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I have a program written in assembly that crashes with a segmentation fault. (The code is irrelevant, but is here.)

My question is how to debug an assembly language program with GDB?

When I try running it in GDB and perform a backtrace, I get no meaningful information. (Just hex offsets.)

How can I debug the program?

(I'm using NASM on Ubuntu, by the way if that somehow helps.)

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2 Answers 2

up vote 2 down vote accepted

I would just load it directly into gdb and step through it instruction by instruction, monitoring all registers and memory contents as you go.

I'm sure I'm not telling you anything you don't know there but the program seems simple enough to warrant this sort of approach. I would leave fancy debugging tricks like backtracking (and even breakpoints) for more complex code.

As to the specific problem (code paraphrased below):

        extern   printf

        SECTION  .data
format: db       "%d",0

        SECTION  .bss
v_0:    resb      4

        SECTION  .text
        global main
main:
        push      5
        pop       eax
        mov       [v_0], eax
        mov       eax, v_0
        push      eax
        call      printf

You appear to be just pushing 5 on to the stack followed by the address of that 5 in memory (v_0). I'm pretty certain you're going to need to push the address of the format string at some point if you want to call printf. It's not going to take to kindly to being given a rogue format string.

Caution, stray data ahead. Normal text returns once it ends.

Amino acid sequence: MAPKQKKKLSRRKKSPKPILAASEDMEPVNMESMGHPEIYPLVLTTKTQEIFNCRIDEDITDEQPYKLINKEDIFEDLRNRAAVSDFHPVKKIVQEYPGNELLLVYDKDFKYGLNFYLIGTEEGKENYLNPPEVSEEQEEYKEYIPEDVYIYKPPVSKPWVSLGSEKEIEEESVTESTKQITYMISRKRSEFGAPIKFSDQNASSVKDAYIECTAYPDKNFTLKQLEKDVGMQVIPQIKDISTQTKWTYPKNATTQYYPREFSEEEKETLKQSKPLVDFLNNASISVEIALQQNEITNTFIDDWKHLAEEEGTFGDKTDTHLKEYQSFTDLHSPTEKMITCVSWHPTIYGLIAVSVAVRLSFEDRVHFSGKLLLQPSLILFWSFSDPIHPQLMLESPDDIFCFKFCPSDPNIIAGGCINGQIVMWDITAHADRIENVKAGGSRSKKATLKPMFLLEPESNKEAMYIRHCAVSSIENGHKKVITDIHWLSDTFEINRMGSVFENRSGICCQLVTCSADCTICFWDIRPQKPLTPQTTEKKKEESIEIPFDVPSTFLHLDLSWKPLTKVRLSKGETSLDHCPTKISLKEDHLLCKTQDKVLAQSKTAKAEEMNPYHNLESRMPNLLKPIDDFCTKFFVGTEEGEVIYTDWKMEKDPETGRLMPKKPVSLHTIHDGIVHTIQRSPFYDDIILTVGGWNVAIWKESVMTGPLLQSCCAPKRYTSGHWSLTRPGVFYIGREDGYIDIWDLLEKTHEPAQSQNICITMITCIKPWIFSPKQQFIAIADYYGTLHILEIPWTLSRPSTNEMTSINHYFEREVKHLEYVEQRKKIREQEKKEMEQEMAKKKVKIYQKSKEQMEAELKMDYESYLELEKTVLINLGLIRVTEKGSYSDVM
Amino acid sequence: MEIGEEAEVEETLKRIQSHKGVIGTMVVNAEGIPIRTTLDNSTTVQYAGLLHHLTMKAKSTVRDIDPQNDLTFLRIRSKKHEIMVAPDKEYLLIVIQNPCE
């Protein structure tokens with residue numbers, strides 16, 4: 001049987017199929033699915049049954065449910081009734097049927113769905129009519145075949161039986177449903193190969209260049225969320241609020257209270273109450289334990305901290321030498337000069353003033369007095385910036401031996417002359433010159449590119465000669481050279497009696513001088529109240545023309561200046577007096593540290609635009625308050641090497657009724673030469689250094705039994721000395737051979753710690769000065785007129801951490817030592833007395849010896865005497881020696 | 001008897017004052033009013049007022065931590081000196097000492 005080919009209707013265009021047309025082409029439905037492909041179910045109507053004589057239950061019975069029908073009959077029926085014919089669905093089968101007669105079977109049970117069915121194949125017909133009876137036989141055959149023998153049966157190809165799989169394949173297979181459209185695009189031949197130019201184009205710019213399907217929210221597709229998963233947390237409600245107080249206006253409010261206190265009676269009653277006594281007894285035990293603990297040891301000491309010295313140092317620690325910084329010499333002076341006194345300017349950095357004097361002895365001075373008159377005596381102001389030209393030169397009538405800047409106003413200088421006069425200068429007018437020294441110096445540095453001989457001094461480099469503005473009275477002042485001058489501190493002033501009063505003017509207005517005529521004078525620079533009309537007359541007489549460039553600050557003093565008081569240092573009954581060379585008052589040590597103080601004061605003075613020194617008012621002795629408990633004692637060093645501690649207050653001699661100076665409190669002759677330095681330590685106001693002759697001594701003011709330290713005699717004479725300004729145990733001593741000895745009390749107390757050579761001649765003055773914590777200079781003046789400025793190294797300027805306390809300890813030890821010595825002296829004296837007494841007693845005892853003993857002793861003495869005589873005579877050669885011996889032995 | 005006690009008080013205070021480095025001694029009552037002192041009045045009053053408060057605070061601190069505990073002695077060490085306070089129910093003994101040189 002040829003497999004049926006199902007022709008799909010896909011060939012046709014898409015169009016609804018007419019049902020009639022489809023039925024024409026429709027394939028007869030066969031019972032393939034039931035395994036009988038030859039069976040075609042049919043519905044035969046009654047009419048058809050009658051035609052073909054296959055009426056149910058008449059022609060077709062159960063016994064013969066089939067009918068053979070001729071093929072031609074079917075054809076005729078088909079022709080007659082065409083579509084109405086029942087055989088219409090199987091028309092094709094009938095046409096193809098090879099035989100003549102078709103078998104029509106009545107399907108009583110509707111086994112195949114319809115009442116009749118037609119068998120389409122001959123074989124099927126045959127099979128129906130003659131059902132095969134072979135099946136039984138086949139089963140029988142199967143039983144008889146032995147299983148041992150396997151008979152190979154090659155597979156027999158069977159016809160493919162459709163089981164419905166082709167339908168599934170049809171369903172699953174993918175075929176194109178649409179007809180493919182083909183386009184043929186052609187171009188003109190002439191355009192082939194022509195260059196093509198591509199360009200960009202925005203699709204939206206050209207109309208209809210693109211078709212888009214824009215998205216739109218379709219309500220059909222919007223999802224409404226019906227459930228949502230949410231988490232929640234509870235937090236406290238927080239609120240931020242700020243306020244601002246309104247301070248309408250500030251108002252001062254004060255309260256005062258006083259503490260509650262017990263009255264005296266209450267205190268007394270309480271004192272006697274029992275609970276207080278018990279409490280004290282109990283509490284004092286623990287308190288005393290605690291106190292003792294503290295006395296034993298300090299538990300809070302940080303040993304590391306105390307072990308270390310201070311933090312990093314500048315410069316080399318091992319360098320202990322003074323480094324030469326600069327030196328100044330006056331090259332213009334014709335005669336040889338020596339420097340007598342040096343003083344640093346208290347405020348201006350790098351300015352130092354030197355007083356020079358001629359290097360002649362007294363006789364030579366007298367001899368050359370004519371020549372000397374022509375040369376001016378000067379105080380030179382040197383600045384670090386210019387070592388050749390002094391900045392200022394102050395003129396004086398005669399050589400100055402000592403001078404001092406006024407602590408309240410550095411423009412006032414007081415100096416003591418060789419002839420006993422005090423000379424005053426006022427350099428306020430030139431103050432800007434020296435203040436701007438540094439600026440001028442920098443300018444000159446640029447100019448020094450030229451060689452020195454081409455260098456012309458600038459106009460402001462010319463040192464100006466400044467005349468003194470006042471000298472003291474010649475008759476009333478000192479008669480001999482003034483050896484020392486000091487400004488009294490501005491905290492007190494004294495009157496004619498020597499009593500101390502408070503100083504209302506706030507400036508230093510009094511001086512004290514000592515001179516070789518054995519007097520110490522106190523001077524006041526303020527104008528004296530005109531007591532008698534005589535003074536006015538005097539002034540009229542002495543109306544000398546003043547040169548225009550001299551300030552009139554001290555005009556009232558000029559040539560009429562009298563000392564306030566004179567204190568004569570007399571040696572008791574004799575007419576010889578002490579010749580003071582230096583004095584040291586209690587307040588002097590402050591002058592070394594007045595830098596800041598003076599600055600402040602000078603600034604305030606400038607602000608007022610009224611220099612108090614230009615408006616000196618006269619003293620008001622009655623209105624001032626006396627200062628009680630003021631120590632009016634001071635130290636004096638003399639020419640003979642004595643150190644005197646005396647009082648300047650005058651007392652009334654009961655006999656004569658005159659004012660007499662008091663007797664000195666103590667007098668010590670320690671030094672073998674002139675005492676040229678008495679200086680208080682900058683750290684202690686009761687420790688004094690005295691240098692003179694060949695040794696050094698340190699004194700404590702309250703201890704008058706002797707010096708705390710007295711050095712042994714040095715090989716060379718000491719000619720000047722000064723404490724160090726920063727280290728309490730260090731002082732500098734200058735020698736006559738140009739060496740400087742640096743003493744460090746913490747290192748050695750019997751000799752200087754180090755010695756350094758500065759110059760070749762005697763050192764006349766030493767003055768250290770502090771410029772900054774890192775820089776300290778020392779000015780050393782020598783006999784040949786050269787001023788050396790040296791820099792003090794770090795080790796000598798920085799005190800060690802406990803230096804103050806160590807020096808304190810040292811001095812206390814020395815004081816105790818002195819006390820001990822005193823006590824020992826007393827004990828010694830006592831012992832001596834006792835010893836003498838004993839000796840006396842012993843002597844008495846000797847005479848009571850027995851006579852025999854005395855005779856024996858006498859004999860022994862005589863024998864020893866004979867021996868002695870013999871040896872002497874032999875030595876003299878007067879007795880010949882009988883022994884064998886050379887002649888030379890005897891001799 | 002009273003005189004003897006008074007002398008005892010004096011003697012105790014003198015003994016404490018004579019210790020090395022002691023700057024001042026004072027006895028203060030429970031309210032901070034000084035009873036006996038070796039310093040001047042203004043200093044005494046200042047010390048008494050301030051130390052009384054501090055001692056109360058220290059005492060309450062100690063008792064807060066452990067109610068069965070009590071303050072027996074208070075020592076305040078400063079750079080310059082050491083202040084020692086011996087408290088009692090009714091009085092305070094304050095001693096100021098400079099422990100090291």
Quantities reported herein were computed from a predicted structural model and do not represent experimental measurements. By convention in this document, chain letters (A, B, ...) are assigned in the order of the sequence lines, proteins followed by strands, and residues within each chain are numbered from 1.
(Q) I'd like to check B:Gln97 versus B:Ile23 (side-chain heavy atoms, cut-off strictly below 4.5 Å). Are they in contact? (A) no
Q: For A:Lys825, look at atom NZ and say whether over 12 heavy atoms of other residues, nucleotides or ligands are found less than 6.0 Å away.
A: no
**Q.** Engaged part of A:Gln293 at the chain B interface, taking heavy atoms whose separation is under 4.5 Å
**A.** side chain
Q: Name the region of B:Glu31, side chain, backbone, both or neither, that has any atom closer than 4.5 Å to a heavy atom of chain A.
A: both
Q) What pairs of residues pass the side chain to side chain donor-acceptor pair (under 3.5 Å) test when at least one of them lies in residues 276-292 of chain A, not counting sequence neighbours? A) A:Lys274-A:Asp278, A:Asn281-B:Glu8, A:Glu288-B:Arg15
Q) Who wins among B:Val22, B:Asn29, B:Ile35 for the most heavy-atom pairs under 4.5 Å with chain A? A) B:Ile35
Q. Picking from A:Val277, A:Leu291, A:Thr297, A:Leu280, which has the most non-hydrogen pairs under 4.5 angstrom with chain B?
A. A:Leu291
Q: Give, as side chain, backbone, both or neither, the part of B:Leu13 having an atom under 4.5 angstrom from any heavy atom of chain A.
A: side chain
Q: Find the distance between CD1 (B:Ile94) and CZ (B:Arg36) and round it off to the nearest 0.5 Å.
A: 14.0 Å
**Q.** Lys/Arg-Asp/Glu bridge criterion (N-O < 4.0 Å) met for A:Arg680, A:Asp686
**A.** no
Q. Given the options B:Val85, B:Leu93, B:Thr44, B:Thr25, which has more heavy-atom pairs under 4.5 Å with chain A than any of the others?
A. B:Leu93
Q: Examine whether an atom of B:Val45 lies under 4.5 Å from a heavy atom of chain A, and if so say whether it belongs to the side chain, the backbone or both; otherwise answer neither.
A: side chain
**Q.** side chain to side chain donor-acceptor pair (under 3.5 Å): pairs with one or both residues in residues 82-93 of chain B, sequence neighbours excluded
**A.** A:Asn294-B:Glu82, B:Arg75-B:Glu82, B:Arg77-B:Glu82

It's likely that your:

mov eax, v_0

should be:

mov eax, format

and I'm assuming that there's more code after that call to printf that you just left off as unimportant (otherwise you'll be going off to never-never land when it returns).

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Exactly the problem - I just discovered that! Thank you! –  Nathan Osman Sep 9 '10 at 4:05

You should still be able to assemble with Stabs markers when linking code (with gcc).

I reccomend using YASM and assembling with -dstabs options:

$ yasm -felf64 -mamd64 -dstabs file.asm

This is how I assemble my assembly programs.

NASM and YASM code is interchangable for the most part (YASM has some extensions that aren't available in NASM, but every NASM code is well assembled with YASM).

I use gcc to link my assembled object files together or while compiling with C or C++ code. When using gcc, I use -gstabs+ to compile it with debug markers.

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